A man and a woman fell in love, married, were happy; then the marriage turned sour, and for long years they had little to say to each other; the woman died, and the man found he had fallen in love with her again. Stricken with grief, he felt the pain of parting with astonishing intensity, and in memory he revisited the scenes of their courtship, reliving their early happiness. It was as if the years of estrangement had sealed up their youthful love in amber, and her death had suddenly shone a bright light on it.
KeywordsMystic Experience Lyric Poetry Biographical Approach Love Poem Married Love
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- Quotations from Hardy’s poems are taken from The Complete Poems of Thomas Hardy, ed. James Gibson (London: Macmillan, 1976), andGoogle Scholar
- variant readings from the same editor’s The Variorum Edition of the Complete Poems of Thomas Hardy (London: Macmillan, 1979).Google Scholar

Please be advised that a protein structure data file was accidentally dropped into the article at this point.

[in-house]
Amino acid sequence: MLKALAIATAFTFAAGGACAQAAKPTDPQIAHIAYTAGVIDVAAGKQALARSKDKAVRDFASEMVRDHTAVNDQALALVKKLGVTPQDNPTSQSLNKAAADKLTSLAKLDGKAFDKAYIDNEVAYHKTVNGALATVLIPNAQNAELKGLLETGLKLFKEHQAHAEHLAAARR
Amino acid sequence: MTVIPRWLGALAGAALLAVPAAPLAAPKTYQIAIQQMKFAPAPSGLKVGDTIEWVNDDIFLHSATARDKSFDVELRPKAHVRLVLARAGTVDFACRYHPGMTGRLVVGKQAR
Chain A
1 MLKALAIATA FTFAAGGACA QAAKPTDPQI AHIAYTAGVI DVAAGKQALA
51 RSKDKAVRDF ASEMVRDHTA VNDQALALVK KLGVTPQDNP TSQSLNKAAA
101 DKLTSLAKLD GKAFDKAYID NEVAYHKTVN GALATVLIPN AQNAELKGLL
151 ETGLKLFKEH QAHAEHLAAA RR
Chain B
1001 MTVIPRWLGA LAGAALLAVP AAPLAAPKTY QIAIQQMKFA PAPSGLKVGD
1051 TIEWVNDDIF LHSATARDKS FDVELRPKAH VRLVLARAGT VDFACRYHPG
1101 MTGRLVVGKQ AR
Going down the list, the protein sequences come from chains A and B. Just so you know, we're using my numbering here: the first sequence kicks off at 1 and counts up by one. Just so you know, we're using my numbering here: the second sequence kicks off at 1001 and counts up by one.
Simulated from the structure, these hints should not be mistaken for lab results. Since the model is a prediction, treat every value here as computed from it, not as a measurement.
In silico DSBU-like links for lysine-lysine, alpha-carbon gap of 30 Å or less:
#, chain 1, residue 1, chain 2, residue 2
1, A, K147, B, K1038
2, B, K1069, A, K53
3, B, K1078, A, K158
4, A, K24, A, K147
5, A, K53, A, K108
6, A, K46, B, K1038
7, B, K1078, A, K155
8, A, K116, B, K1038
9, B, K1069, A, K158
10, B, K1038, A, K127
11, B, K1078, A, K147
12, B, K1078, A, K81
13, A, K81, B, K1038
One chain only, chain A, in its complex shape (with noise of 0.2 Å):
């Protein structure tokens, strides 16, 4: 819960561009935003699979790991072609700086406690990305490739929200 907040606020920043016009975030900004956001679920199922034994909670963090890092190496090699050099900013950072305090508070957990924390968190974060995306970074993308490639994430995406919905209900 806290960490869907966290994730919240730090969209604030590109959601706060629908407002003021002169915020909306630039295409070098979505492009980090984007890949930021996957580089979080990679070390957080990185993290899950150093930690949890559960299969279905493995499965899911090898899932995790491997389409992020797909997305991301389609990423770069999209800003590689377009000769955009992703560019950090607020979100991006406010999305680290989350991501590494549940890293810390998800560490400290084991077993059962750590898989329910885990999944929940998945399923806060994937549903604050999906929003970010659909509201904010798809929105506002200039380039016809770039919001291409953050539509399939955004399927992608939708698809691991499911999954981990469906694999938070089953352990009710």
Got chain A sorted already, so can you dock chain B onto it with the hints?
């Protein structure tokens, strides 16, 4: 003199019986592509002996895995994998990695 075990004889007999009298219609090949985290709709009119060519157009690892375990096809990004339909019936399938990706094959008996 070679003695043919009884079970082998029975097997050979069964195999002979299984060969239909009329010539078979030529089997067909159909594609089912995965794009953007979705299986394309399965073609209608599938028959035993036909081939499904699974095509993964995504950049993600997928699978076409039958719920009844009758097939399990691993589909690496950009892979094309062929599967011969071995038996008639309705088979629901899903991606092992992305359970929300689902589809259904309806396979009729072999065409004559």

- 1.Robert Gittings, The Older Hardy (London: Heinemann, 1978) p. 149.Google Scholar
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- J. O. Bailey, The Poetry of Thomas Hardy (Chapel Hill: University of North Carolina Press, 1970) p. 305;Google Scholar
- Tom Paulin, Thomas Hardy: The Poetry of Perception (London: Macmillan, 1975) p. 133.Google Scholar
- 8.Michael Millgate, Thomas Hardy: A Biography (Oxford: Oxford University Press, 1982) pp. 480/1, 488.Google Scholar